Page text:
News & Events

David A. Kessler, M.D. - NIH Grand Rounds

NIH Grand Rounds

David A. Kessler, M.D.
Commissioner of Food and Drugs

Bethesda, Maryland
August 7, 1991

Good afternoon.

A number of people have asked me to identify what one accomplishment I would like to achieve during my tenure as Commissioner of the FDA.

My answer is simple: I want above all to restore the credibility of the agency.

I am confident that the Agency's fortunes are on the mend. We have put the generic drugs program back on track, and Congress has begun to redress the imbalance of resources. The FDA is moving forward.

We could spend hours talking about the various challenges facing the FDA: vaccines, the blood supply, cosmetics, generic drugs. The need for tougher enforcement of our Nation's food and drug laws. The need for streamlined management throughout the agency.

The agency's responsibilities are vast, and public expectations run high.

But today I'd like to focus on some of our recent actions that I hope will help restore the credibility of the FDA. We need to affirm that the agency is on the side of the American consumer.

Doing that requires looking at a couple of questions:

What does consumer protection mean in the 1990's?

What do Americans expect from the FDA?

Certainly, the American public wants a reasonable degree of safety for products that we regulate. That should come as no surprise. Over the years, the greatest FDA controversies have involved safety: saccharin, nitrites, the food color additive Red Number Three. The list goes on.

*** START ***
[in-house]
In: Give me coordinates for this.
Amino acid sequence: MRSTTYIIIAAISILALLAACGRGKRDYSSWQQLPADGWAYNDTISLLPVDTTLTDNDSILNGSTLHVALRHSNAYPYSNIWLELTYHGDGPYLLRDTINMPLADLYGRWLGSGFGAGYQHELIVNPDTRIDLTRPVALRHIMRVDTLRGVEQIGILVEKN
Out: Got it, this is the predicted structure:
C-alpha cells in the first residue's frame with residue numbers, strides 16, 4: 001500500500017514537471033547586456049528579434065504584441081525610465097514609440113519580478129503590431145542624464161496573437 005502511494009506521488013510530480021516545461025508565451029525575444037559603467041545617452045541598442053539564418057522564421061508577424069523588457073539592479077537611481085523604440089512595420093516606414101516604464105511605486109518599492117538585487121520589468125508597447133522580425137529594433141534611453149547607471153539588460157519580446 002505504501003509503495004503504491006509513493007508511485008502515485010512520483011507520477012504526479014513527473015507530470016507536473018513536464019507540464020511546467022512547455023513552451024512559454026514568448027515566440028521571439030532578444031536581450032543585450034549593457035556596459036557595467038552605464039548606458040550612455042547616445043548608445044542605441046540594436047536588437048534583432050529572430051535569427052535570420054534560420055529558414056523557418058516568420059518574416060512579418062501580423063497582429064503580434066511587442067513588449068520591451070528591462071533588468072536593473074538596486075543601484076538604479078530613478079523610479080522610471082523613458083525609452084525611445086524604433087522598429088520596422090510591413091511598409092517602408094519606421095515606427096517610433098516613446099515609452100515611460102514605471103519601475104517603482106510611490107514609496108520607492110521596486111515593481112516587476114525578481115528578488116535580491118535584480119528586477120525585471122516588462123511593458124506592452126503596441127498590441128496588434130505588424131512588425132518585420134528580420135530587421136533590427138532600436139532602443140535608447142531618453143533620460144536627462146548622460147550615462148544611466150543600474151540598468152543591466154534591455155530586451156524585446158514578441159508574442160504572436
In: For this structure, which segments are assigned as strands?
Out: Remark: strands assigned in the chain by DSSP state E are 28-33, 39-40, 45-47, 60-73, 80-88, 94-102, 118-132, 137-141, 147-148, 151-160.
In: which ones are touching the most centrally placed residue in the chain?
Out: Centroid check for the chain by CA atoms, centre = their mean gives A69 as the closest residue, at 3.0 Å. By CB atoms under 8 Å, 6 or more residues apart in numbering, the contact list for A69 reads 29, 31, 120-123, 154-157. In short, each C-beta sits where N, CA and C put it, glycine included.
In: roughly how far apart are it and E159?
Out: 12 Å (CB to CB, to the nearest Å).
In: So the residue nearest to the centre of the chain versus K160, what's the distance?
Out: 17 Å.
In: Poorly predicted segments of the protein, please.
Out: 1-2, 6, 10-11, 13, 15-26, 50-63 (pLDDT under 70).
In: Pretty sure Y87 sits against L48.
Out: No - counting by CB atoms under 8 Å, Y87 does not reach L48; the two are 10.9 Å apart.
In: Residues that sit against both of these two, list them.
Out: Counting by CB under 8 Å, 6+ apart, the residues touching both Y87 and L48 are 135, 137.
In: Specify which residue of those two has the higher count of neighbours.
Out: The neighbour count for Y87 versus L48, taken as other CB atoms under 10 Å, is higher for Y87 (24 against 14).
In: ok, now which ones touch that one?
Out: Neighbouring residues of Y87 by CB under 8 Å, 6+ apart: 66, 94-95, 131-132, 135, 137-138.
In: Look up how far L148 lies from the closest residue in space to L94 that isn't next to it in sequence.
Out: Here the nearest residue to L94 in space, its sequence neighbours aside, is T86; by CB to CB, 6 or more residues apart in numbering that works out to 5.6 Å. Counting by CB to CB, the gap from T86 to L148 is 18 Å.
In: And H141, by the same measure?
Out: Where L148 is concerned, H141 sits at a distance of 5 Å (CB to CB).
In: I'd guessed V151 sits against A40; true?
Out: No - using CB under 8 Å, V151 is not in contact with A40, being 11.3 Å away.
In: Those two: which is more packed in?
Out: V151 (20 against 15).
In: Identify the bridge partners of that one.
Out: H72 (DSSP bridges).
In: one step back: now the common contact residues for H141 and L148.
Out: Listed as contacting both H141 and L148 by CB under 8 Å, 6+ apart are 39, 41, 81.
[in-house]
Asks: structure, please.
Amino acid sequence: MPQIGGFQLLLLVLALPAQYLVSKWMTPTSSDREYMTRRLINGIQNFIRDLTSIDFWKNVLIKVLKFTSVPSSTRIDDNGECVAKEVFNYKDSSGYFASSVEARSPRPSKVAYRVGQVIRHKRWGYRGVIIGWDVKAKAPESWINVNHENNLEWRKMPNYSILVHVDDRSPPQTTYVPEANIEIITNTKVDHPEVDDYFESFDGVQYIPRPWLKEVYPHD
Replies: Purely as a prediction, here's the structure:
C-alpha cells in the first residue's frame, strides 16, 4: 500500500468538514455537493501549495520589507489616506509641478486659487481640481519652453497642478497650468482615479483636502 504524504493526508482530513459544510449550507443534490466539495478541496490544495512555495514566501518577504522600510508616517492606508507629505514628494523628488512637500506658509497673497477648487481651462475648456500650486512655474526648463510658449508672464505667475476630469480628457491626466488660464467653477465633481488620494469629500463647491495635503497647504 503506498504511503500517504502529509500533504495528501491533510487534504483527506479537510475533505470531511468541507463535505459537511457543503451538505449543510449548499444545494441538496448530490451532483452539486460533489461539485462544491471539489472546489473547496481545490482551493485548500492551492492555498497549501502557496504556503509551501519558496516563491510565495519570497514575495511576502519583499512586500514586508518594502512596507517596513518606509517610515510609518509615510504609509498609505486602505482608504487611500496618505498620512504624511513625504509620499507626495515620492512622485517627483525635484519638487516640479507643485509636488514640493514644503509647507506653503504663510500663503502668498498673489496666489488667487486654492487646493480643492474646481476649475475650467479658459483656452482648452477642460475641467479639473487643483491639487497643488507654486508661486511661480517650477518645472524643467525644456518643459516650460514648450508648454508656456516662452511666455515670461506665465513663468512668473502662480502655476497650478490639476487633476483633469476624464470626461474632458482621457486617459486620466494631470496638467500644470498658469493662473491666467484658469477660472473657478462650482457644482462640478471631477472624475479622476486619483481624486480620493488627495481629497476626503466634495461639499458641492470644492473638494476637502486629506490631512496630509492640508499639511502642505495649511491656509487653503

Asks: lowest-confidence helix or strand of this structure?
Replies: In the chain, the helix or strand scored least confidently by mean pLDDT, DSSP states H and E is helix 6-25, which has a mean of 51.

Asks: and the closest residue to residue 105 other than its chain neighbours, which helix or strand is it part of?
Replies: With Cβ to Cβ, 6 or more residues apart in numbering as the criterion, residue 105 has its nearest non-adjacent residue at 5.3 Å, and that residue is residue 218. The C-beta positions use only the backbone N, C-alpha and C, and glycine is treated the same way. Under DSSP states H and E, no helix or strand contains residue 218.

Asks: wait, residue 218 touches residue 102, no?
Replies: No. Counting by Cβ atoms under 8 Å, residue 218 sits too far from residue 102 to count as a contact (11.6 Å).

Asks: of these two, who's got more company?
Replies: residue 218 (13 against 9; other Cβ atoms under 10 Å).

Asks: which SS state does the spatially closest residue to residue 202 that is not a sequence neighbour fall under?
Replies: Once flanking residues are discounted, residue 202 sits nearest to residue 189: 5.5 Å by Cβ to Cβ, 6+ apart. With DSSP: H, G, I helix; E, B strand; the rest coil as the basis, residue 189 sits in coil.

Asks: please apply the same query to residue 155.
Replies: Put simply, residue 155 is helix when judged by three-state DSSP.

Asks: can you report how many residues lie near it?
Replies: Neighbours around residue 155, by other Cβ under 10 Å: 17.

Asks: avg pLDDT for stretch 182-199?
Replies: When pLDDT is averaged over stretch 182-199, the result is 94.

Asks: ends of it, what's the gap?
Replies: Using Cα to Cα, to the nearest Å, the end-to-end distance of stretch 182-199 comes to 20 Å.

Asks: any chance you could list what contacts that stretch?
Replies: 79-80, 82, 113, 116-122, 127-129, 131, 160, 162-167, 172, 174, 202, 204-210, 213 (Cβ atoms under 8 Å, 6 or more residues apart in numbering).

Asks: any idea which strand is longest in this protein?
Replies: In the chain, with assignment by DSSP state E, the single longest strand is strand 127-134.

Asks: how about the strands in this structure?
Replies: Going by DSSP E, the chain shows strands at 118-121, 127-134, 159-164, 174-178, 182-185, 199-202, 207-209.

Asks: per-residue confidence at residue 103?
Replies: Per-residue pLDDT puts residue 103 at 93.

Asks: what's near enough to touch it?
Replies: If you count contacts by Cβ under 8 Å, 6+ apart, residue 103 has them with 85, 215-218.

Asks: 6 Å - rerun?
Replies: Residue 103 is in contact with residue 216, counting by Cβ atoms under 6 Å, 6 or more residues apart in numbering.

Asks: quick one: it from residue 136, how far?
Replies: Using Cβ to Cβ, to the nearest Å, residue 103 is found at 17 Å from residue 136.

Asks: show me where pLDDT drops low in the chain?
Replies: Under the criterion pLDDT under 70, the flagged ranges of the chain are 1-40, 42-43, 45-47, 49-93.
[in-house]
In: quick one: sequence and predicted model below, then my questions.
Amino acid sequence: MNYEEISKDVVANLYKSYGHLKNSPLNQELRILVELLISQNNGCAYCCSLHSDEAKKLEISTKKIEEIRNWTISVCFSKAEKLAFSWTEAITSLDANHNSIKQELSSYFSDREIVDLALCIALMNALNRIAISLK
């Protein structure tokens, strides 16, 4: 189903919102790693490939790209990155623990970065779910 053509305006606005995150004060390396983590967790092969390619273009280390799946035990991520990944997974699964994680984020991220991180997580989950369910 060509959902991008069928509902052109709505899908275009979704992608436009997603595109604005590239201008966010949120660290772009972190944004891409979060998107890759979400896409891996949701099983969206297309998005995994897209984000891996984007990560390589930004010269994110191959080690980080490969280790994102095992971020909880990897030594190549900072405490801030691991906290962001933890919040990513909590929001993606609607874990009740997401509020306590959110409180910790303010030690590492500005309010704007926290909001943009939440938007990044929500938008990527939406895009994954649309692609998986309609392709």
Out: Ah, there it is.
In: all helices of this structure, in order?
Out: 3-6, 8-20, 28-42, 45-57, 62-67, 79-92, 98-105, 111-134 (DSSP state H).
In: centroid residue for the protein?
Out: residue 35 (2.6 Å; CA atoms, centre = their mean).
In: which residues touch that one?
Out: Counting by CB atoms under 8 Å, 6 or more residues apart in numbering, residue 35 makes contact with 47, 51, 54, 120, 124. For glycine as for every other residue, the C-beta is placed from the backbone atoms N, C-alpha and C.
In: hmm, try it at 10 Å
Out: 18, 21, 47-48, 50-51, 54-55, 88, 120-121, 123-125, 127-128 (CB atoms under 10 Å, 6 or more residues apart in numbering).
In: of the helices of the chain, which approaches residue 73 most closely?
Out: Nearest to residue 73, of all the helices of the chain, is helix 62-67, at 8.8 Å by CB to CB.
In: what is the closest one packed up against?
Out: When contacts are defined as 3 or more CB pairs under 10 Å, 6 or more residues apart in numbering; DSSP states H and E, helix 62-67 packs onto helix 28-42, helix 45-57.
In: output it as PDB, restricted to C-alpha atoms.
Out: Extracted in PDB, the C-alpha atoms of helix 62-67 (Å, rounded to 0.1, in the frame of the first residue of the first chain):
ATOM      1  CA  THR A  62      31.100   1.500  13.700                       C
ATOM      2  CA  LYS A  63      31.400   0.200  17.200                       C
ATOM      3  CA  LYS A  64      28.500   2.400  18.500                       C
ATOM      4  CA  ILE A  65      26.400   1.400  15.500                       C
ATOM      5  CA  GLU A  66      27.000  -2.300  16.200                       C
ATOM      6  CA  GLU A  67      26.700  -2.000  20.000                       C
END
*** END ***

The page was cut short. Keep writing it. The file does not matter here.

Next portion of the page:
Whatever else is said about the FDA, its record on product safety is extraordinary. Our decisions sometimes are long in coming, but their quality stands the test of time.

It seems to me that consumer protection must go beyond traditional notions of safety.

In defining the FDA's goals of consumer protection, there should be no question that the agency's fundamental mission of protecting the American public remains as strong as ever.

But let me also remind you that the original Food and Drugs Act of 1906 had two goals. One was to protect and promote the public health; the second was to promote honesty and fair dealing in the marketplace.

Today, 85 years later, those two goals continue to be closely linked. It is not enough for the FDA to focus solely on the contents of the vial or ampule or package and ensure that the product inside is safe. The labeling of products, the claims made for them, and the way they are promoted, frequently have public health as well as economic ramifications.